Every crime has, in the moment of its perpetration, Its own avenging angel--dark misgiving, An ominous sinking at the inmost heart.
One should respect public opinion insofar as is necessary to avoid starvation and keep out of prison, but anything that goes beyond this is voluntary submission to an unnecessary tyranny.
I am an expert of electricity. My father occupied the chair of applied electricity at the state prison.
Women now have choices. They can be married, not married, have a job, not have a job, be married with children, unmarried with children. Men have the same choice we've always had: work, or prison.
Nor cell, nor chain, nor dungeon speaks to the murderer like the voice of solitude.
Three hundred years ago a prisoner condemned to the Tower of London carved on the wall of his cell this sentiment to keep up his spirits during his long imprisonment: “It is not adversity that kills, but the impatience with which we bear adversity.”
Society has used the juvenile courts to create a caste system where there are throw-away people.
Once we are destined to live out our lives in the prison of our mind, our duty is to furnish it well.
It is safer that a bad man should not be accused, than that he should be acquitted.
Organized crime in America takes in over forty billion dollars a year. This is quite a profitable sum, especially when one considers that the Mafia spends very little for office supplies.
The idea that the sole aim of punishment is to prevent crime is obviously grounded upon the theory that crime can be prevented, which is almost as dubious as the notion that poverty can be prevented.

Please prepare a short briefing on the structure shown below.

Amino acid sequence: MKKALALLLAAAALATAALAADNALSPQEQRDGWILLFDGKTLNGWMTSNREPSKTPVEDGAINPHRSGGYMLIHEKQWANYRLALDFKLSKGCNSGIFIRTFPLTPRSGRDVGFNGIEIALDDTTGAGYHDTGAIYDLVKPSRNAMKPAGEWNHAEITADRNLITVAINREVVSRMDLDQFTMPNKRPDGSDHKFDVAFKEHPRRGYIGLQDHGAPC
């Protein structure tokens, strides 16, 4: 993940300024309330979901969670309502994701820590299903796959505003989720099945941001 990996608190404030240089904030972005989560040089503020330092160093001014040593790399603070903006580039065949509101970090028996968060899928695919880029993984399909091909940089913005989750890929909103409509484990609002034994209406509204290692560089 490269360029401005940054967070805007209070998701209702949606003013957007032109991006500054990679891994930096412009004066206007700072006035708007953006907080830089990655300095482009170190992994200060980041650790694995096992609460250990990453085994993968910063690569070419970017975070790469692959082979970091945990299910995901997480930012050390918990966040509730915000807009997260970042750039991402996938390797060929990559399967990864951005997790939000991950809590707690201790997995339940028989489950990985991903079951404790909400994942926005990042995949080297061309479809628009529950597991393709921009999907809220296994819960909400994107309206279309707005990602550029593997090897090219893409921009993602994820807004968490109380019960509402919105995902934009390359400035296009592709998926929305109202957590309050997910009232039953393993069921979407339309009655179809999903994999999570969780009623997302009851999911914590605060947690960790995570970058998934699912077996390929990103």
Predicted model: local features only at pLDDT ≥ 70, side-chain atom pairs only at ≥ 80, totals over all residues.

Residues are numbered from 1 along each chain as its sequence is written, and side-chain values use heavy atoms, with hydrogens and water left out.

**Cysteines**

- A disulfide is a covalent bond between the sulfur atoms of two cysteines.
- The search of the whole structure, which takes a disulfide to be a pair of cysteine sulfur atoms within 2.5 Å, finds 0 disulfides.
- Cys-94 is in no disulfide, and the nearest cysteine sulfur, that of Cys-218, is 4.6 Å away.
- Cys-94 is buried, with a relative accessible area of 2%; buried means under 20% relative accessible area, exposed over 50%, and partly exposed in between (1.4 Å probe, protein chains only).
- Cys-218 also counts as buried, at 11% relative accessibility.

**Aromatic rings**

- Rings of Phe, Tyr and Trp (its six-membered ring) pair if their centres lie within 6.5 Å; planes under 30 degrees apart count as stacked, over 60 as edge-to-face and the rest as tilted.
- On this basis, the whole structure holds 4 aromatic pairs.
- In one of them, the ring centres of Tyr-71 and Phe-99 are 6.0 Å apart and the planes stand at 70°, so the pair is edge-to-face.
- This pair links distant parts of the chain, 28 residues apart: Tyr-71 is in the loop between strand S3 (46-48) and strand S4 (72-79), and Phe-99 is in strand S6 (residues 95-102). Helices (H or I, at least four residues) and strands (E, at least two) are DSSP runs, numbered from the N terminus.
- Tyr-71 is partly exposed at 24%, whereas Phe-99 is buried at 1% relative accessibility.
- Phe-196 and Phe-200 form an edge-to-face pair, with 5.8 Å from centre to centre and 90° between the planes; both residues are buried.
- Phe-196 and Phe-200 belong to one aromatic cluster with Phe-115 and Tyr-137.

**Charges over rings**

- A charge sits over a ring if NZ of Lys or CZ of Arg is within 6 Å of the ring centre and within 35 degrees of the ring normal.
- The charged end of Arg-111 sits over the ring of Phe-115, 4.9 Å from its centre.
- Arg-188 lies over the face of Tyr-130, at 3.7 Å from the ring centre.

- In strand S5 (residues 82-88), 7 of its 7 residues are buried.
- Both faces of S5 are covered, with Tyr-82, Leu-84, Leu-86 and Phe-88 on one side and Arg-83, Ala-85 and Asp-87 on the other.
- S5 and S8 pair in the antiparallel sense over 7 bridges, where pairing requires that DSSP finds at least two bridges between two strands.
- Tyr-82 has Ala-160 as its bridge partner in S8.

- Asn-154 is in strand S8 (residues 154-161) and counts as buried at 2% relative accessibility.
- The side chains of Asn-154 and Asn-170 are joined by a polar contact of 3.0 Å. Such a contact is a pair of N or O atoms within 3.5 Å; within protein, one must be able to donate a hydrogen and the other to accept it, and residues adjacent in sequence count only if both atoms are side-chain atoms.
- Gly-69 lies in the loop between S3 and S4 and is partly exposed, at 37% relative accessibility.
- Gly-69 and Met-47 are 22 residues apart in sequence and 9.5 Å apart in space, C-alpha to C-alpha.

Since 1957, black people have experienced double-digit unemployment - in good times and bad times. Look at the population of African Americans in prison. They represent more than half the population of prisoners in the country, 55 percent of those on death row.
I have been studying how I may compare this prison where I live unto the world; Shut up in the prison of their own consciences.
Civilization is maintained by a very few people in a small number of places and we need only some bombs and a few prisons to blot it out altogether.
We have our own system, ... and journalists in our system are not put in prison for embarrassing the government by revealing things the government might not wish to have revealed. The important thing is that our system, under which journalists can write without fear or favor, should continue.
If it's near dinner-time, the foreman takes out his watch when the jury has retired, and says: "Dear me, gentlemen, ten minutes to five, I declare! I dine at five, gentlemen." "So do I," says everybody else, except two men who ought to have dined at three and seem more than half disposed to stand out in consequence. The foreman smiles, and puts up his watch:--"Well, gentlemen, what do we say, plaintiff or defendant, gentlemen?
We judge ourselves by what we feel capable of doing, while others judge us by what we have already done.
Experts and the educated elite have replaced what worked with what sounded good. Society was far more civilized before they took over our schools, prisons, welfare programs, police departments and courts. It's high time we ran these people out of our lives and went back to common sense.
The uneven impact of actual enforcement measures tends to mirror and reinforce more general patterns of discrimination (along socioeconomic, racial and ethnic, sexual, and perhaps generational lines) within the society. As a consequence, such enforcement (ineffective as it may be in producing conformity) almost certainly reinforces feelings of alienation already prevalent within major segments of the population.